THE BASICS OF DIVORCE LAW FOR NON-LAWYERS
by Theresa Mihalik, J.D.
Pamela M. Pacetti, J.D.
Anne (Jan) W. White, J.D.
Al Bonin, J.D
True in All Jurisdictions:
1) Mediation and Arbitration. Meditation and arbitration are viable options
in all jurisdictions. In mediation, the parties work with a mediator in
the hope of resolving all matters. Nothing is binding unless the parties
agree. In arbitration, the arbiter issues a ruling after hearing the evidence
much like a court, but in a more informal setting. Arbitration is like
hiring a private judge to make a decision
2) Spousal Support Taxable. Unless otherwise agreed upon, when correctly
drafted, spousal support is generally tax deductible by the payor and
taxable income to the payee.
3) Child Support Non-Taxable. Child support is not tax deductible by the
payor, or taxable income to the payee. Child care is only deductible by
a parent for the amount of the child care paid by them AND is only deductible
by that parent that has physical custody of the child more than 50% of
the calendar year.
4) Written vs. Verbal Agreements. Agreements between the parties are generally
only binding if signed by both parties. Some agreements, such as child
support, may require approval of the court in order to be enforceable.
5) Child Support Guidelines. All jurisdictions have child support guidelines.
6) Tax Consequences on Transfer of Assets. Generally, almost all assets
divided by the parties in a divorce can be transferred one to the other
without tax consequences, except savings bonds. Be careful as to the timing
of transfers of assets as it may have an effect on taxability. There are
also special requirements for how and when transfers are to take place
with retirement assets in order to obtain tax advantages. Federal law
requires that most retirement benefits be transferred at the time of divorce
by court order so as to avoid negative tax consequences.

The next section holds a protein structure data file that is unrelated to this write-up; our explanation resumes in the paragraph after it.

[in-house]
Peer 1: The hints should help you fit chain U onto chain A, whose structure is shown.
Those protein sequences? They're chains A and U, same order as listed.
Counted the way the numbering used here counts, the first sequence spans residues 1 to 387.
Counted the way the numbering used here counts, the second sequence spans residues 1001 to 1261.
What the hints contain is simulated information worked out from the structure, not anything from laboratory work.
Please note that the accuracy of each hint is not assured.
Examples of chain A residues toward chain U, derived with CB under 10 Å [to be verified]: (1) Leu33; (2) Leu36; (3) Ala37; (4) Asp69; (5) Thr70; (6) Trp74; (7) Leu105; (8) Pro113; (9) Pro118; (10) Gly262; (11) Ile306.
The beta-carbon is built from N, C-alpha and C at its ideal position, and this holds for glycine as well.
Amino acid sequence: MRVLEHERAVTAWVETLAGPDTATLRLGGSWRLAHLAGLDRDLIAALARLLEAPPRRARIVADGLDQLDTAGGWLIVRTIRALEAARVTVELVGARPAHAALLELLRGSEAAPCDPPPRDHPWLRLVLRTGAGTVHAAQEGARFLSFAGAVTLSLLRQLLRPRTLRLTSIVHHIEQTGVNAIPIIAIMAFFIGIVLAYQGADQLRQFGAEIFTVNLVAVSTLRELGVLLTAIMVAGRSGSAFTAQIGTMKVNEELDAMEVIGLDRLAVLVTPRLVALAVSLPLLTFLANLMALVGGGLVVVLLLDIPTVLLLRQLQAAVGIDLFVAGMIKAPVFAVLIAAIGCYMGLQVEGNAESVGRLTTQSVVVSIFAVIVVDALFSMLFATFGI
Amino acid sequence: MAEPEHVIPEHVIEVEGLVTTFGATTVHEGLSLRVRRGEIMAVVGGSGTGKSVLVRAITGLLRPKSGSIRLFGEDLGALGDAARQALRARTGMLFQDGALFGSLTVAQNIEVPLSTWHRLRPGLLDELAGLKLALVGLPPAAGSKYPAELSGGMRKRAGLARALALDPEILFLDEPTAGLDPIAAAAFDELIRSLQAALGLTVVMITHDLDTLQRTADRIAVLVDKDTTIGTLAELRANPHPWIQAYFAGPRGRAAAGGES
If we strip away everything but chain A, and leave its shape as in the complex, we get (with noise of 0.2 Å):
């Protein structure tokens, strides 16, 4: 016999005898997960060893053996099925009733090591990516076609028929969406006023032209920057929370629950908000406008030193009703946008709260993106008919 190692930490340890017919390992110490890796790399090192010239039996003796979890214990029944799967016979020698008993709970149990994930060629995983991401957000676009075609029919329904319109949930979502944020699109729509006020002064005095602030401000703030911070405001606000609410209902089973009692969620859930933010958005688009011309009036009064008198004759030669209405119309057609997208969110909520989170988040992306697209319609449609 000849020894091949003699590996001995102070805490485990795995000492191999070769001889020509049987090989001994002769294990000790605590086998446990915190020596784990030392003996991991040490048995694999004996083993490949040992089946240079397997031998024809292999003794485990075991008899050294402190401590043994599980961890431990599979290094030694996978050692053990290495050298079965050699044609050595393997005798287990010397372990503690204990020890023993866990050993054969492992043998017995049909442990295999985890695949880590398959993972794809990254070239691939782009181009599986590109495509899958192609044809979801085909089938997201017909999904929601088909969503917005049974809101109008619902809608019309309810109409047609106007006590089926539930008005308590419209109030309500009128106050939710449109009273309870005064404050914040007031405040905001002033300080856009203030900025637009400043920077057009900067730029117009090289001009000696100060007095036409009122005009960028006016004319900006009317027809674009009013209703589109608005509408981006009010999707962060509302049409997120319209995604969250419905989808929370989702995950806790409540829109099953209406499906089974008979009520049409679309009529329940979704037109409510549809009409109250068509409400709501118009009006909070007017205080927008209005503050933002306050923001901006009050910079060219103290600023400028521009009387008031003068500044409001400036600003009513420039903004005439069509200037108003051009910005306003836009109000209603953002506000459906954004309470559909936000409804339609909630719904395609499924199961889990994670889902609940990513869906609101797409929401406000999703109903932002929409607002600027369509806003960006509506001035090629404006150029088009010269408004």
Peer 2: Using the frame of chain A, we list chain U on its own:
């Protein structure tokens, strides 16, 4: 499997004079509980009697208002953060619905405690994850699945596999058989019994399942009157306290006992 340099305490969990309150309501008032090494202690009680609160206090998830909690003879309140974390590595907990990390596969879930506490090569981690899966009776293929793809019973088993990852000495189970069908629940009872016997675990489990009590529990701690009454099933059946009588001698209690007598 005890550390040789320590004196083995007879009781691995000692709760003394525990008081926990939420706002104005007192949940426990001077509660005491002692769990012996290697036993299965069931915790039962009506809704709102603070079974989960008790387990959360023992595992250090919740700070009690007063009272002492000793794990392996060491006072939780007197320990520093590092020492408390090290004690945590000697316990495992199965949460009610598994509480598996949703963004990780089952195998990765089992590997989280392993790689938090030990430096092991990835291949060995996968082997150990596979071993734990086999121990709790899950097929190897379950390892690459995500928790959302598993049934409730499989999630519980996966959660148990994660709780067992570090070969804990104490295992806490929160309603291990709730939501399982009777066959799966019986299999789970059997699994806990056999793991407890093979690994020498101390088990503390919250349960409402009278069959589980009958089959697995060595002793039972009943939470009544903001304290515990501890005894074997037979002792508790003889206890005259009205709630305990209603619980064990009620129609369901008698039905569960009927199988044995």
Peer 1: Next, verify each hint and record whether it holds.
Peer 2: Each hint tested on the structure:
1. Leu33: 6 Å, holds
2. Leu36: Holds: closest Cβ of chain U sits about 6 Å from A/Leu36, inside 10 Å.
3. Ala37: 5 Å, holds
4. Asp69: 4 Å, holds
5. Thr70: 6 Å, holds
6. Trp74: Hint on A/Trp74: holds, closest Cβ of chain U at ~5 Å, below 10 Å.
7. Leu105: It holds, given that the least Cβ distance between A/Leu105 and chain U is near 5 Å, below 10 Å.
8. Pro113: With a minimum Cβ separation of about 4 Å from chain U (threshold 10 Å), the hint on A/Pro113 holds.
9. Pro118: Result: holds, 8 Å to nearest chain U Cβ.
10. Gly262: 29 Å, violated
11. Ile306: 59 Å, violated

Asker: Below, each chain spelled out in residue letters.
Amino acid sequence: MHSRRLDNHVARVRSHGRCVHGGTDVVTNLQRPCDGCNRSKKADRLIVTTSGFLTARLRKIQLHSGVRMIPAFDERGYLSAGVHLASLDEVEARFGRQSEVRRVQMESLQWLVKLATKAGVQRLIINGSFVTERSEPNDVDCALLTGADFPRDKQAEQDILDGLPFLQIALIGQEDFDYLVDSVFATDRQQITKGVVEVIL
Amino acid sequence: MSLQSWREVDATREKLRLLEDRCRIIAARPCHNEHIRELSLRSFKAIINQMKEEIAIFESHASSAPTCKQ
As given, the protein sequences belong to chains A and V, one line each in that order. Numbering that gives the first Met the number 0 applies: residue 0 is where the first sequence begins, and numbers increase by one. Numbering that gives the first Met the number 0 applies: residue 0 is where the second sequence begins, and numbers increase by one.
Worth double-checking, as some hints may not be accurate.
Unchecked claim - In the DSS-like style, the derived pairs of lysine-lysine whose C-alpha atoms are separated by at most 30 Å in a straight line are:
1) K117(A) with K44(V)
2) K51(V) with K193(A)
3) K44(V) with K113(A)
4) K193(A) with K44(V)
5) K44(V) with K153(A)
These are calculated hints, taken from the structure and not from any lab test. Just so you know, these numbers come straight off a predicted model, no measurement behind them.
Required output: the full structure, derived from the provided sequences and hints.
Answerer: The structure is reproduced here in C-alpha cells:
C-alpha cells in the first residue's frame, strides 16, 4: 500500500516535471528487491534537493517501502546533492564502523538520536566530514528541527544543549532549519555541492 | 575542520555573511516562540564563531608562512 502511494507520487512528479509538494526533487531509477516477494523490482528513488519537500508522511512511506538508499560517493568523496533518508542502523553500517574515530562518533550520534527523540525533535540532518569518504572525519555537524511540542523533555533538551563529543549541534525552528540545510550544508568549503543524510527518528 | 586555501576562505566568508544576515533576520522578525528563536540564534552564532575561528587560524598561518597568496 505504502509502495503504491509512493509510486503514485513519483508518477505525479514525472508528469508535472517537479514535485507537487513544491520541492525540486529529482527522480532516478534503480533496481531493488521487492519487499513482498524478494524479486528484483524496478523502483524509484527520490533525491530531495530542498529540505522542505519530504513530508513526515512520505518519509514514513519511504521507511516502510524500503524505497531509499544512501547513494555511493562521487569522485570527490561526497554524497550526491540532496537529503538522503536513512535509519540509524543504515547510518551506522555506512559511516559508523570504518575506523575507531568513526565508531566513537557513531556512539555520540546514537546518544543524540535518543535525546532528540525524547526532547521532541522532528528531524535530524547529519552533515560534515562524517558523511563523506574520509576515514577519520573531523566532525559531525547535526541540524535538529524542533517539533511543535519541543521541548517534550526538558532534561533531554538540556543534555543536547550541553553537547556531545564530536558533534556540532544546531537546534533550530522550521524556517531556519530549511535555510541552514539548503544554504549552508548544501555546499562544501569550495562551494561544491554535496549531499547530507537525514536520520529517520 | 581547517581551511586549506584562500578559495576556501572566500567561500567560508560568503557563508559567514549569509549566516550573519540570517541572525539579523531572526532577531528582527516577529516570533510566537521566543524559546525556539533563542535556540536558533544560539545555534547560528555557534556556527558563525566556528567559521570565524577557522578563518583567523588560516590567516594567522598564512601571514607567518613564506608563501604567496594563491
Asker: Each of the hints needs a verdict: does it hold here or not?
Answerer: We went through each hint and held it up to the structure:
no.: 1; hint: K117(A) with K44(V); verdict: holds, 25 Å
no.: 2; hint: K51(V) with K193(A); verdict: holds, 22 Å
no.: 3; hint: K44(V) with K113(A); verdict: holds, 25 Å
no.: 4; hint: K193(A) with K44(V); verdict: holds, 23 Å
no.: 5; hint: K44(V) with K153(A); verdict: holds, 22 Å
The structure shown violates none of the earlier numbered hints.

7) Social Security Benefits. They are not dividable or considered by the
court in the division of assets. However, they can be viewed as an economic
circumstance in an action for divorce.
8) Custody and Visitation Defined. Joint custody can have several meanings.
It can really be best explained as simply decision making and time sharing.
One is totally independent of the other. By illustration, the parties
can have joint decision making and one parent can have the majority of
time with the children. This arrangement would be considered joint legal
custody with one party having primary physical custody. Joint custody
can also mean that the parties share physical custody of the children.
These phrases can be confusing to a parent. In describing it to a client,
keep it simple. What would they like to have as far as decision making
and alternation of care?
9) Tax Consequences Basis. Be mindful of tax consequences and the basis
of assets in the division of property. Example: 100 shares of stock valued
at $5 a share may not necessarily be worth the same as $500 cash. The
sale of stock may have tax consequences.
10) Other Factors. Other factors the court might consider in determining
the best interest of the child from a mental health perspective may include,
but are not limited to:
- (a) parent's ability to manage their emotions
- (b) capacity for self-awareness (not repeating mistakes)
- (c) ability to have empathy for spouse and children
- (d) subordination of self-interest to the interest of the children
- (e) good judgment
- (f) reliability
- (g) communication skills
- (h) capacity for interpersonal relationships
- (i) protective of the child
12) Attorney-Client Privilege. Items revealed to an attorney are, for the
most part privileged, with a few exceptions like intent to commit a crime.
In collaboration a party generally agrees to waive certain of these privileges
and, as it relates to mental health professionals, a party also waives
the right of confidentiality with a few exceptions.
13) Best Interest of Child(ren). The attorney should look out for the best
interest of the children regardless of who he or she represents, whether
it is a traditional or collaborative case. In most cases, what is the
best interest of the children is also in the best interest of the parent.